Guide to the flu shot for 2020

Don’t let the flu make you vulnerable

Should I get a flu shot during the COVID-19 virus pandemic?

Yes – it is important to keep as healthy as possible during the current pandemic. As per government advice, a flu vaccination is highly recommended for everybody this year as the best defence against the flu. It is particularly important for healthcare workers and people in COVID-19 cluster hotspots because the flu symptoms that come with catching influenza are the same as COVID-19 and therefore may result in you needing a COVID-19 test and/or a period of self-isolation.

Also be careful to make sure getting your flu shot does not put you at risk of exposure to the COVID-19. Ochre Health Medical Centres, like many general practices, are screening patients online or over the phone first and then doing vaccinations in a safe way, in some cases outside the clinic.

Flu shots are safe for pregnant women and strongly recommended. It is best to get your flu shot at the same time as whooping cough vaccinations to protect your baby from both.

When should I get my flu shot?

Getting your flu shot as soon as possible is recommended. The main flu season is over winter, peaking between May and July. As the flu vaccine provides the best protection in the three to four months after it is received, April/May is therefore the ideal time to be immunised. Getting your flu shot soon will also reduce the burden on doctors and hospitals over winter, which will help the whole Australian healthcare system over this difficult time.

Am I eligible for a FREE flu shot?

The flu vaccine is free for:

  • Children from 6 months to 5 years of age
  • Indigenous people over 15 years of age
  • Anybody over 65 years of age
  • Pregnant women
  • People with a chronic disease (see further details below)

Remember the flu vaccine is safe (and highly recommended) for both children and pregnant women.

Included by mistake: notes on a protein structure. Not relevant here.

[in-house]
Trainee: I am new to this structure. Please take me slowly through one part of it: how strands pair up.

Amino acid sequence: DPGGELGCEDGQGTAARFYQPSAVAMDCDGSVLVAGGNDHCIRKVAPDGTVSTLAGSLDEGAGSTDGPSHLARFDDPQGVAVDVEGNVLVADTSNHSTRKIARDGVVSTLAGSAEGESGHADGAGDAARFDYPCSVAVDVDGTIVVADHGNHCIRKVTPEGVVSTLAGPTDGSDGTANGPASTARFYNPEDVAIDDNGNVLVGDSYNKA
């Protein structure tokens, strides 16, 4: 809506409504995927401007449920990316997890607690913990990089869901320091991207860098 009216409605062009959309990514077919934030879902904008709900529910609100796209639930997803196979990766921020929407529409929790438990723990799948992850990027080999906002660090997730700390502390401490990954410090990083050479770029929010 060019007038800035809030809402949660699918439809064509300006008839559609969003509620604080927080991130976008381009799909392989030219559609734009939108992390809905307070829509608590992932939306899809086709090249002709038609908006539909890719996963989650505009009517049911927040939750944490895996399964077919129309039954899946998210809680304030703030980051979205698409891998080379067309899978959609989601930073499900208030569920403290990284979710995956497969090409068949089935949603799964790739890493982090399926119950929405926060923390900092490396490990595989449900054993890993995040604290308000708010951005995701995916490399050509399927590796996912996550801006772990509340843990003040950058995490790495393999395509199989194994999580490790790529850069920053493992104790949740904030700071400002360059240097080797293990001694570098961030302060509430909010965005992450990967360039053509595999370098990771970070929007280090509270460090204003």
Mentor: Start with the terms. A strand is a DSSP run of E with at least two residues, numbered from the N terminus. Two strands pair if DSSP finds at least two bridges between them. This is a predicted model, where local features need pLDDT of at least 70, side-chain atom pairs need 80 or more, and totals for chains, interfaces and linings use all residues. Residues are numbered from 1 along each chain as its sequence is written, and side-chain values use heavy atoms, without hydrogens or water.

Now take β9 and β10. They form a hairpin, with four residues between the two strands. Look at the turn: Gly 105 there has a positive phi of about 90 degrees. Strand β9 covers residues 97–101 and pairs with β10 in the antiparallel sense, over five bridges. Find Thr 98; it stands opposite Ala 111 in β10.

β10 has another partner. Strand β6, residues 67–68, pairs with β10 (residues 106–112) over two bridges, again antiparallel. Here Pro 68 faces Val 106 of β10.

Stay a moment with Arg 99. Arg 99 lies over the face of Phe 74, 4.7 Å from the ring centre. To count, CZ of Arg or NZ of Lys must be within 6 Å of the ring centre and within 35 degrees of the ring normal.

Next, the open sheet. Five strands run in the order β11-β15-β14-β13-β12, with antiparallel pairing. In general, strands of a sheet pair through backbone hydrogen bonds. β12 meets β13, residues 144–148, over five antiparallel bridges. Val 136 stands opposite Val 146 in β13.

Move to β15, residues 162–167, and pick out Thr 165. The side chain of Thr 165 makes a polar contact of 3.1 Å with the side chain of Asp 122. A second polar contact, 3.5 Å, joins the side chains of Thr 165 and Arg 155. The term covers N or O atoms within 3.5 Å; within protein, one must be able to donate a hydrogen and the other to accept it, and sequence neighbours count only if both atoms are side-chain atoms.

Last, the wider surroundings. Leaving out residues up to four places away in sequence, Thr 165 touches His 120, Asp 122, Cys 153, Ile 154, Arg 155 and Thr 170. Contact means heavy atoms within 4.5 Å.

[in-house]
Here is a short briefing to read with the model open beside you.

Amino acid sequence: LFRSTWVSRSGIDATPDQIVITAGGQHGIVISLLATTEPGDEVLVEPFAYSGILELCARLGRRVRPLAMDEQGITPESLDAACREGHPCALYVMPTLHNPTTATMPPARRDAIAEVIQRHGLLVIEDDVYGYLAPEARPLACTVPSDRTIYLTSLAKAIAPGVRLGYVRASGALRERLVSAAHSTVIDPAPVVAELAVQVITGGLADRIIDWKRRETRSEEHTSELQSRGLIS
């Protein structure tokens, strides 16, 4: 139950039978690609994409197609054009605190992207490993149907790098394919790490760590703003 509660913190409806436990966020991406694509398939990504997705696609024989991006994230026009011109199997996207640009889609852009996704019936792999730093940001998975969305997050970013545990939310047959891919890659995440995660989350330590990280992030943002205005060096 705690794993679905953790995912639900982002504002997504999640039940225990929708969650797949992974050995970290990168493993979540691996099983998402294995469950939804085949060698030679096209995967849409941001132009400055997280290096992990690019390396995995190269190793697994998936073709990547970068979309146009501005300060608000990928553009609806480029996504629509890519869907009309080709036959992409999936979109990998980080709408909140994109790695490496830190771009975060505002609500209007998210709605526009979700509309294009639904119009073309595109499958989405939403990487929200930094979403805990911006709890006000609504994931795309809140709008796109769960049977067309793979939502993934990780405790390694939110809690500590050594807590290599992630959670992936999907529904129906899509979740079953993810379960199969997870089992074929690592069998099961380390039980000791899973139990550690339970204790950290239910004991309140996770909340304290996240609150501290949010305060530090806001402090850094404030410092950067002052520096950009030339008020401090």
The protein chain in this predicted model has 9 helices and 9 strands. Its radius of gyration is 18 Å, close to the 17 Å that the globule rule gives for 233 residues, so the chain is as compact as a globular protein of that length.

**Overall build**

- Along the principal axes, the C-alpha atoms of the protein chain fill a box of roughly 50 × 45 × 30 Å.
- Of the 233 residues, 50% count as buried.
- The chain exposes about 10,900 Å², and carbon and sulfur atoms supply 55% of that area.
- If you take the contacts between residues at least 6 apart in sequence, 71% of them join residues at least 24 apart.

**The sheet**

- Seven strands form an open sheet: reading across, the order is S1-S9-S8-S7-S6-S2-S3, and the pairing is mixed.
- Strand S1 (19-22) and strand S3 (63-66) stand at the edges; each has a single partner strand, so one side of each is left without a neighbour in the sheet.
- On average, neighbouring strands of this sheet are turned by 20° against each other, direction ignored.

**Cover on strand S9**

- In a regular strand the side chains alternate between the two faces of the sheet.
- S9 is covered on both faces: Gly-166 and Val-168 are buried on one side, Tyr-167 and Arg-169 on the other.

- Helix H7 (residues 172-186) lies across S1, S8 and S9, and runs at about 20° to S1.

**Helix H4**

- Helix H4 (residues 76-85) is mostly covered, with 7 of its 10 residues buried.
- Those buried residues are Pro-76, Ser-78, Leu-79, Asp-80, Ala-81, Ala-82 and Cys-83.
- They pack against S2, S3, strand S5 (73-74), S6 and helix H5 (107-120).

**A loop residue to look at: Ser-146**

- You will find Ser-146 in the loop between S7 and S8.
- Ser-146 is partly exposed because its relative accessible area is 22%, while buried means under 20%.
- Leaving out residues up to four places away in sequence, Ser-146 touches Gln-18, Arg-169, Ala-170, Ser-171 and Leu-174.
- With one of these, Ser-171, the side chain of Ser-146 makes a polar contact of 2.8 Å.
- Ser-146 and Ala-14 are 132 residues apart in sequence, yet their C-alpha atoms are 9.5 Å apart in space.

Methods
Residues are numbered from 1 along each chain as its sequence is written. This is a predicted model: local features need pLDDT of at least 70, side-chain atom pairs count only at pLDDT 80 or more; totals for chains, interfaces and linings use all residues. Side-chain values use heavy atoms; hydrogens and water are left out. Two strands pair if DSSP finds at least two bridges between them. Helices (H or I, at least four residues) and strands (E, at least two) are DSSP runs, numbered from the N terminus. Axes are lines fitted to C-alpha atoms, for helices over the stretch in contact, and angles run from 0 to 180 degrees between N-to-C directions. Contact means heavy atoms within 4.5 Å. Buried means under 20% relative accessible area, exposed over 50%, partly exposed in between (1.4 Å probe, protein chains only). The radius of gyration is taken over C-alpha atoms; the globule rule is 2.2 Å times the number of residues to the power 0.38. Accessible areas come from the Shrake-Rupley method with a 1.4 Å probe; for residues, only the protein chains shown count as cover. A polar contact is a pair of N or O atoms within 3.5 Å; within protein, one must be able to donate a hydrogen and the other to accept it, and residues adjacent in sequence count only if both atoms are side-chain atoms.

Can I catch flu from the flu vaccine?

Dr John Hall, Ochre Health’s Director of Medical Services says, “The flu vaccine is not a live vaccine and therefore you cannot contract the flu virus from it. However, a small percentage of people may experience low-grade fevers and muscle aches after the shot. This is simply their immune system responding to the vaccine and the symptoms should clear up within a few days.”

Is the flu vaccine safe if I’m pregnant?

The latest vaccines are safe at any stage of pregnancy for both mother and her unborn baby.

Dr Hall strongly recommends pregnant women get vaccinated this year. He says, “The flu vaccine is an important part of protecting mums and babies. If you are coming in for your whooping cough immunisation between 20 and 32 weeks of pregnancy, don’t forget to ask for your flu vaccine as well.”

If you had a flu shot while pregnant in 2019 and you are still pregnant, it is safe to have a second flu shot this year.

Does a chronic disease put me at greater risk of severe flu?

Yes, it does. For this reason, the government has made the free flu vaccines available for you.

People with chronic illnesses such as cardiac disease, chronic respiratory conditions, chronic neurological conditions, diabetes and other metabolic disorders, renal disease, haematological disorders and impaired immunity all qualify for a free flu vaccine. Ask your doctor if you are unsure whether your condition qualifies you for a free vaccine.

Why is the flu vaccine free for young children?

State and territory governments are providing free flu vaccinations for young children between six months and five years of age as they are more likely than adults to be hospitalised with a severe flu infection. The vaccines are both safe and effective for them. Protecting this age group of young children with vaccinations also helps to stop the spread of infection to newborn babies who are vulnerable and too young to receive a vaccination.

Book your flu shot now, using one of the orange buttons.

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